Jack Underwood



The coffee in the café tastes like it first
evaporated off the surface of a motorway
a hot July ten years ago. When you drink it

you can feel it drinking you back.
The caffeinated ambience in the café has
the passive-aggressivity of a cyclist’s bell.

The café WIFI is free, but WIFI stands for
Whatever I Find Irritating. I sip at my
irritation in the café. I lather it up

between my hands in the little sink
in the café toilet, having surmised in my
cubicle that: either this is the worst café

in the World, or this is the worst World
in which there is a café, or else I am
the worst person in the café in the World.


                     were more popular in our culture 
I’d be attracted to people who had guns the same way 
I am attracted to people I suspect don’t like me. 

I would walk up to them shyly with my hands up
and ask for a hold. I’d say Hollowpoint or Wadcutter
as if they were the nicknames of our mutual friends.

It takes a certain person to shoot a certain person,
I would suppose, With Great Power comes 
Great Guns. Can I look down the end?

I’d watch them slide out the clip and droop the gun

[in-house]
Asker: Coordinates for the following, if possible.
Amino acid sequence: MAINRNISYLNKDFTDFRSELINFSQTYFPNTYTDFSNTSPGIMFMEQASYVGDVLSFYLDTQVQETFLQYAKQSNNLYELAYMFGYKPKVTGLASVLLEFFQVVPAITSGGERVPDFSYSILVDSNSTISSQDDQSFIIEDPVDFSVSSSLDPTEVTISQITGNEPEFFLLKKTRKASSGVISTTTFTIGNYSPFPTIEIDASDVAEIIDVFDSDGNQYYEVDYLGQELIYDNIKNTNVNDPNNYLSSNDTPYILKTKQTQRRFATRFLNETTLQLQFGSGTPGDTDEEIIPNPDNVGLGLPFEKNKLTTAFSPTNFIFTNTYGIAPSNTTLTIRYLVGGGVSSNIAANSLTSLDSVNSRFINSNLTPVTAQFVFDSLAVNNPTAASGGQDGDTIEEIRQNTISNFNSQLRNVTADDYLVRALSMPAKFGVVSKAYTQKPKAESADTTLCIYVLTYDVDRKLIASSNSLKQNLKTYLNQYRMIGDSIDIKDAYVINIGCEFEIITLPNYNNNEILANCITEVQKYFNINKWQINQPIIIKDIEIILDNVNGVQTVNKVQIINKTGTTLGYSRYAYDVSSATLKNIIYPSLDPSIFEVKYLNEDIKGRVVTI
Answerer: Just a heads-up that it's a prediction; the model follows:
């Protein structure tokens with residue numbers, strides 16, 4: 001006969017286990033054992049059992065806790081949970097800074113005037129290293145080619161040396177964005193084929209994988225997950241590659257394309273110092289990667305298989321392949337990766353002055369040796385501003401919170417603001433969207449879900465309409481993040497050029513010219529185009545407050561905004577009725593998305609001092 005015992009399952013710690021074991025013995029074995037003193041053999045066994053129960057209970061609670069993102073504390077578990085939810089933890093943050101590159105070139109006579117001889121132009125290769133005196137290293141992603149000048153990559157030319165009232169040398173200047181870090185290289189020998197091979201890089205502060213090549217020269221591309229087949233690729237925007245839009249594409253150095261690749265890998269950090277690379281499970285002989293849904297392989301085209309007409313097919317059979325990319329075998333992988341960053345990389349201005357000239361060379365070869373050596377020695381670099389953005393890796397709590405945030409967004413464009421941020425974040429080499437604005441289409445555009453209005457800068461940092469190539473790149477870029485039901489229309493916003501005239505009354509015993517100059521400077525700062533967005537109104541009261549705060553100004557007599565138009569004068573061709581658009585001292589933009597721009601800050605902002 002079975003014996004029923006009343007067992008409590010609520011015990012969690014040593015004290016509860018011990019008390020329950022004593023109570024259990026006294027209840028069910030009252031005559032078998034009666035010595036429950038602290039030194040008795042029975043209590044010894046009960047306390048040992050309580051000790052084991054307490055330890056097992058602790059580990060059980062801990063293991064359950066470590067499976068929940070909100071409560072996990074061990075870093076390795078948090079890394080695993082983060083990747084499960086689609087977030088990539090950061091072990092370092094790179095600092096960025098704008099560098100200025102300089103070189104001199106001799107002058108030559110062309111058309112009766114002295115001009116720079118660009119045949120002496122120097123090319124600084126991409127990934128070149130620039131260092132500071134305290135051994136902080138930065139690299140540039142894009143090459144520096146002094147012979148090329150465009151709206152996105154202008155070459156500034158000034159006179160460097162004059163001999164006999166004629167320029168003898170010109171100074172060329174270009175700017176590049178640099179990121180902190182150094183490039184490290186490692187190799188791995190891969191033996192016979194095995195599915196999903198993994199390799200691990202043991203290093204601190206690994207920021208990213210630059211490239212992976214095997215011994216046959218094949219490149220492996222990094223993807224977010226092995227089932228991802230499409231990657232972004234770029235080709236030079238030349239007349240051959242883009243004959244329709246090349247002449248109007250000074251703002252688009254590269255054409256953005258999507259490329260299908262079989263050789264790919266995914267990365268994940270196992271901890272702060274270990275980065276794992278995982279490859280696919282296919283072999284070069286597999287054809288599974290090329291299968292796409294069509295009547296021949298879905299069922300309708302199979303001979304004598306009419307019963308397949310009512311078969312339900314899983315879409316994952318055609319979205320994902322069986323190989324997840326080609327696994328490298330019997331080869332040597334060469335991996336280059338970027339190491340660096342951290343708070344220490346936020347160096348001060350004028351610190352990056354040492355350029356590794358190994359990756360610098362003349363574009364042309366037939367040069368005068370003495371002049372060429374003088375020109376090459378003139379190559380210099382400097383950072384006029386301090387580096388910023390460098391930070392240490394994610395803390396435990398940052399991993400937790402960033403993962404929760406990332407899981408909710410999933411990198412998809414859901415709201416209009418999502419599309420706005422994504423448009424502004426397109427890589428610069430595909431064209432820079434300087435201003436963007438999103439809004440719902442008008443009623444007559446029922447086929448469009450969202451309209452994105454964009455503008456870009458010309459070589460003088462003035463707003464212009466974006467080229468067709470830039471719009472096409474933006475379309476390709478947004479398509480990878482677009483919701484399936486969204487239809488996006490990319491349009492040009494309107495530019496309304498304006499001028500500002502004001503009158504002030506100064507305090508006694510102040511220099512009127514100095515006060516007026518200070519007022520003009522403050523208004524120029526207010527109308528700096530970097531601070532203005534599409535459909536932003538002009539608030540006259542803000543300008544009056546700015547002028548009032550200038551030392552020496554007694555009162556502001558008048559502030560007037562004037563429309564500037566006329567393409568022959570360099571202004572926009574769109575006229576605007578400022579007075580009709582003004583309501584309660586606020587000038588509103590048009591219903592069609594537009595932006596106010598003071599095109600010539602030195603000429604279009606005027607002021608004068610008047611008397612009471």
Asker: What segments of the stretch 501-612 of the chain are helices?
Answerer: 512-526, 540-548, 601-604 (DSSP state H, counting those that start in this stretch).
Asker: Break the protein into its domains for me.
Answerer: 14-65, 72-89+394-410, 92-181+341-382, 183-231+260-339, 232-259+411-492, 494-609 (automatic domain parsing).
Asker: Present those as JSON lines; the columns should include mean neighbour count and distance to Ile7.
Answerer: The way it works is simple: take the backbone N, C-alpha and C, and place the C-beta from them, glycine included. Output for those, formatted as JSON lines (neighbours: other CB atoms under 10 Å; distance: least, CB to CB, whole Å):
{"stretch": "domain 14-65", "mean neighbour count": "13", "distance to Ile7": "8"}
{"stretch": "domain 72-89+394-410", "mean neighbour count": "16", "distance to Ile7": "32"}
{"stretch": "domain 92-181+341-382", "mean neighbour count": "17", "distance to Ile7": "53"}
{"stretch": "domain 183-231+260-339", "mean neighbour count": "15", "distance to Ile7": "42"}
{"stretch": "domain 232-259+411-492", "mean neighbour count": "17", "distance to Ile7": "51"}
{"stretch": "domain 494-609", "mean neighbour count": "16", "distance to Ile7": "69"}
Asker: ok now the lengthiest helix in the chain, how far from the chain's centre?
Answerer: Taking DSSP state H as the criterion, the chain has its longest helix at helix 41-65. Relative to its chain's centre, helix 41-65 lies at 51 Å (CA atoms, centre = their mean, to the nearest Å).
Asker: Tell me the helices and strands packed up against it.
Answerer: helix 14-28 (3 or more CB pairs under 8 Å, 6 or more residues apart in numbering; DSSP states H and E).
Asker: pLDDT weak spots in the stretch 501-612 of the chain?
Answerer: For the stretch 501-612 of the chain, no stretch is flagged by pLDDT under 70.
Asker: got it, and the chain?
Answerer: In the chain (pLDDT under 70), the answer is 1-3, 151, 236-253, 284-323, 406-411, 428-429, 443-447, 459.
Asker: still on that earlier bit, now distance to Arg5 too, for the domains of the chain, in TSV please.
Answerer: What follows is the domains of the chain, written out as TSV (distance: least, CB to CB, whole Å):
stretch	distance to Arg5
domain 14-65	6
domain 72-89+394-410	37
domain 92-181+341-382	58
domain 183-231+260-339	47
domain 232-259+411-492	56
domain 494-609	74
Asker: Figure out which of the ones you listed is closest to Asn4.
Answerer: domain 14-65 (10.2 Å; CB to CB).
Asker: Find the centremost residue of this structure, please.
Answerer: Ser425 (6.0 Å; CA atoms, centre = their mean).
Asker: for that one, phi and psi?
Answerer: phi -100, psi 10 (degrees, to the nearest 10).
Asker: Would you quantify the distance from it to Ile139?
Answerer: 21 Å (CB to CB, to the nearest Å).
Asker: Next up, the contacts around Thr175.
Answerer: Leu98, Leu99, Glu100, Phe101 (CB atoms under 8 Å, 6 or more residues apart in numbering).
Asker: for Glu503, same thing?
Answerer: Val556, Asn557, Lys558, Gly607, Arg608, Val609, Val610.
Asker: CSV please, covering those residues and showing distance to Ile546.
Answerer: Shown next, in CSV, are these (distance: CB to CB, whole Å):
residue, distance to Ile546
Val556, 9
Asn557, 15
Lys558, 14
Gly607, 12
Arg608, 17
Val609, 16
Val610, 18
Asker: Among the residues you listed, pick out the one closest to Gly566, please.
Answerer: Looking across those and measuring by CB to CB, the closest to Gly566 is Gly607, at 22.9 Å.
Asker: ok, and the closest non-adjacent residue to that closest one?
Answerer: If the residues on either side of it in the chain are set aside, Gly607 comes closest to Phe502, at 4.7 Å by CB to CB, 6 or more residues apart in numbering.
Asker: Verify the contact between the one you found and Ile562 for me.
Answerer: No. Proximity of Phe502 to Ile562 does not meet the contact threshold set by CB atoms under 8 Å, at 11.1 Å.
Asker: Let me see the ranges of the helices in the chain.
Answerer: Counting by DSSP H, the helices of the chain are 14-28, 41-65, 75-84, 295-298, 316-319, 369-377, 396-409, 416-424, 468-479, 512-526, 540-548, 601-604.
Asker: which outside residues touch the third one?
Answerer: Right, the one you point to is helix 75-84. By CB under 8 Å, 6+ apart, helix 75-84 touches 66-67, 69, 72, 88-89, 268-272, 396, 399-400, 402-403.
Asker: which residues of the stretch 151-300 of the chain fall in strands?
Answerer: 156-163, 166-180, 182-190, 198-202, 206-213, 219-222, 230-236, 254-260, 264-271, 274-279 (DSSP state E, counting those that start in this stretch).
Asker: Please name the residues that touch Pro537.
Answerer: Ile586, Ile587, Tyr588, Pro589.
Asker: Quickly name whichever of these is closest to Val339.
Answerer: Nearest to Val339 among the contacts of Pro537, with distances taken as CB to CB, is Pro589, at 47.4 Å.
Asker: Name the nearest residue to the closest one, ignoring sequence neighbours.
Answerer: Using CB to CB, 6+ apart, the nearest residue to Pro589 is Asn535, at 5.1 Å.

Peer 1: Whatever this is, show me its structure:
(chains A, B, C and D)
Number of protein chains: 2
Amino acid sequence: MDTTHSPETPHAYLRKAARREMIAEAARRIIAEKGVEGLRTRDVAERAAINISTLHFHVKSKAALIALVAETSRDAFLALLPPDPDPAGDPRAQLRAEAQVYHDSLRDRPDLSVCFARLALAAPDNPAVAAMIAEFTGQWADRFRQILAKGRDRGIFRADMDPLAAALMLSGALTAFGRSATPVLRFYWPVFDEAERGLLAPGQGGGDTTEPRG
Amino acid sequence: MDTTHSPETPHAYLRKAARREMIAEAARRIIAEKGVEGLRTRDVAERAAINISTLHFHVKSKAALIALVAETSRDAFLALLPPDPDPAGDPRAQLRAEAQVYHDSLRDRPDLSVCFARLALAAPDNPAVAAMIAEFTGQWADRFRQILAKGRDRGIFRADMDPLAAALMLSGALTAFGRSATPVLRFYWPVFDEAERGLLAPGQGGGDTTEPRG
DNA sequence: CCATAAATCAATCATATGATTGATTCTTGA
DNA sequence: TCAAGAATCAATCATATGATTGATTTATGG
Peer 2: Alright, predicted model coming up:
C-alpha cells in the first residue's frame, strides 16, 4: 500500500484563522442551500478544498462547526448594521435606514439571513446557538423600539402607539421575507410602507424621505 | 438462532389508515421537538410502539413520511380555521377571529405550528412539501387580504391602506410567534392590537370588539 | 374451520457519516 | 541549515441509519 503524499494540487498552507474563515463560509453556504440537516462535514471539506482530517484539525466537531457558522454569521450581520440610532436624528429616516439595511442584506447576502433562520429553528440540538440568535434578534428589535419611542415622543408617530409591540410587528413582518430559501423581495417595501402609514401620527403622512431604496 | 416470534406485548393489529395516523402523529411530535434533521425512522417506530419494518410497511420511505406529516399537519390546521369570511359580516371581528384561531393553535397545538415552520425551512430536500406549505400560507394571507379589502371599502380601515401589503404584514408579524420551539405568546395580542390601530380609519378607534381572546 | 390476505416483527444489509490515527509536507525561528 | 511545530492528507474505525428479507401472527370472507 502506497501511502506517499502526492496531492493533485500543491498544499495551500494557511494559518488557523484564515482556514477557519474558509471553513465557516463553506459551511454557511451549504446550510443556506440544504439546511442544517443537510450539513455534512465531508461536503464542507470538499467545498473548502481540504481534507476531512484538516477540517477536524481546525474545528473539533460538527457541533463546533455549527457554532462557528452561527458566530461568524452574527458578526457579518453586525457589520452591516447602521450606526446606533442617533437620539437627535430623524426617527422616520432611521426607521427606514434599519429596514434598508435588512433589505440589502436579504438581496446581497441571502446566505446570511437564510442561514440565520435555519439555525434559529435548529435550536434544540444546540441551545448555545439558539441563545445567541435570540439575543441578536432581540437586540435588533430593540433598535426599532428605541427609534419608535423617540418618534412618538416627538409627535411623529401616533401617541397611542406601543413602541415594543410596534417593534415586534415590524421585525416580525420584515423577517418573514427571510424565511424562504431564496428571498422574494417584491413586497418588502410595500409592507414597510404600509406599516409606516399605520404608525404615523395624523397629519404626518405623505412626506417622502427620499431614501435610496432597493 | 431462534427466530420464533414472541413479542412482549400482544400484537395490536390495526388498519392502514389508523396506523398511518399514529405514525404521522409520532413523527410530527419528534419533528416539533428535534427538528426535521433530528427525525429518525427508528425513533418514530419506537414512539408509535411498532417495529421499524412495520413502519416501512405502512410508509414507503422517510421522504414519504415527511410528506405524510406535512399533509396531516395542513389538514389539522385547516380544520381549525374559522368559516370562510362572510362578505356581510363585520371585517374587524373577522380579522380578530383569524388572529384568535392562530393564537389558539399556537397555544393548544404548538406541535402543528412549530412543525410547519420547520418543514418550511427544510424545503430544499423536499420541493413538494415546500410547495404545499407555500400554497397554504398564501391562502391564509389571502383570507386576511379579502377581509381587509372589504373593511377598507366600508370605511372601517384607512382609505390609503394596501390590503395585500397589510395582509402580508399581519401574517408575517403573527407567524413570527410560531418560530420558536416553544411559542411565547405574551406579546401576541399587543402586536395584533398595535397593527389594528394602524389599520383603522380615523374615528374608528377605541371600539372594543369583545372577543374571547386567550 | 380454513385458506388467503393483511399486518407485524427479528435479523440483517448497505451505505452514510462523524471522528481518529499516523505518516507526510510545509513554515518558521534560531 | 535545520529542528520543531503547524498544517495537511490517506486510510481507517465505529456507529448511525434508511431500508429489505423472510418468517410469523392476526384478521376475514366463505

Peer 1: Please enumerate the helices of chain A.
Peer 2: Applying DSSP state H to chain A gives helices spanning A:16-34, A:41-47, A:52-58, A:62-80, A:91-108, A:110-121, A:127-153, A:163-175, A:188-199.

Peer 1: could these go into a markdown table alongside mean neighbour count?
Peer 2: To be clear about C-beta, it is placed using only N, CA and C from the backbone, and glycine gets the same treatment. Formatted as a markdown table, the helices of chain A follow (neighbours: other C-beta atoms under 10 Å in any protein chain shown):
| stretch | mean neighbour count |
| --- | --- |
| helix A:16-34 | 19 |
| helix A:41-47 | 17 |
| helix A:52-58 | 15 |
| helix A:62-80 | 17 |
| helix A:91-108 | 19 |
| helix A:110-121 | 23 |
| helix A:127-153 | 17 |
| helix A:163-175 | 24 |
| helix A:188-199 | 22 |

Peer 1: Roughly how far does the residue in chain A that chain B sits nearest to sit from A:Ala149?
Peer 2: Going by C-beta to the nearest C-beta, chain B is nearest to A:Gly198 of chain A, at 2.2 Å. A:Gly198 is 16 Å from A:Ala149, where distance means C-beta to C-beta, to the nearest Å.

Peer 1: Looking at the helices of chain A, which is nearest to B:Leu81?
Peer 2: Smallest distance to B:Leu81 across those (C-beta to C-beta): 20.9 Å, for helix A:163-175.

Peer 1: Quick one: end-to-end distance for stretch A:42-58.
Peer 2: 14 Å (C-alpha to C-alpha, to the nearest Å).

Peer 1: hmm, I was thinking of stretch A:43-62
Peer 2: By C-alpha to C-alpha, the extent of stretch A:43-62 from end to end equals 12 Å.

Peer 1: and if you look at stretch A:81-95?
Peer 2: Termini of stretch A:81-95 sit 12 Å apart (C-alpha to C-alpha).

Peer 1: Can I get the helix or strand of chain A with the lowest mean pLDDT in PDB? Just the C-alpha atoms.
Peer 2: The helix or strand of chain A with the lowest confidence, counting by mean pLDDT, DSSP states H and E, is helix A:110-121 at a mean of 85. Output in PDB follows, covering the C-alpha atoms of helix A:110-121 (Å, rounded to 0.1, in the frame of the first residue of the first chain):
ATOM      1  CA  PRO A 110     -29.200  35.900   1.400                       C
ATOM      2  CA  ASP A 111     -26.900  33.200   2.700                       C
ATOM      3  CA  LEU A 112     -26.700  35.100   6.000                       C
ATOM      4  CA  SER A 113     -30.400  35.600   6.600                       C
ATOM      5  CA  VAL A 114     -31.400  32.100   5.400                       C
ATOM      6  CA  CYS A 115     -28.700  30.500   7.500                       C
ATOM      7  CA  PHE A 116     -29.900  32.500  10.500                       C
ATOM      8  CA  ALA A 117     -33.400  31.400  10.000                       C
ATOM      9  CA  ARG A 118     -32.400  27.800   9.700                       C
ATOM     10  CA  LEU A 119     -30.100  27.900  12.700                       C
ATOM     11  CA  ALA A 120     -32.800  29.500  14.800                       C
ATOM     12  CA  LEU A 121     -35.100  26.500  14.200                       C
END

to me like a kneeling horse. I’d look in its hole,
blow my cheeks. Thank you, I’d say. Thank you.


I had a dream about a car filling up with darkness.
You weren’t there and neither was I. There was
no one inside. It was fine. And when I woke
I thought for the first time about the happiness
of the dead: how they never need fetching
a glass of water, how fear for them is just
a wrong number calling, how we needn’t
lead them through the cordon in red
blankets, how fixed and safe they are.
Jack Underwood was born in Norwich in 1984. He graduated from Norwich School of Art and Design in 2005 before completing an MA and PhD in Creative Writing at Goldsmiths College, where he now teaches English Literature and Creative Writing. He won an Eric Gregory Award in 2007 and Faber published his debut pamphlet in October 2009. He also teaches at the Poetry School, co-edits the anthology series Stop Sharpening Your Knives, and reviews for Poetry Review and Poetry London. His debut collection Happiness will be published by Faber in 2015.

Read more by Jack Underwood:

Poem in B O D Y
Interview in B O D Y
Four poems at The New Statesman

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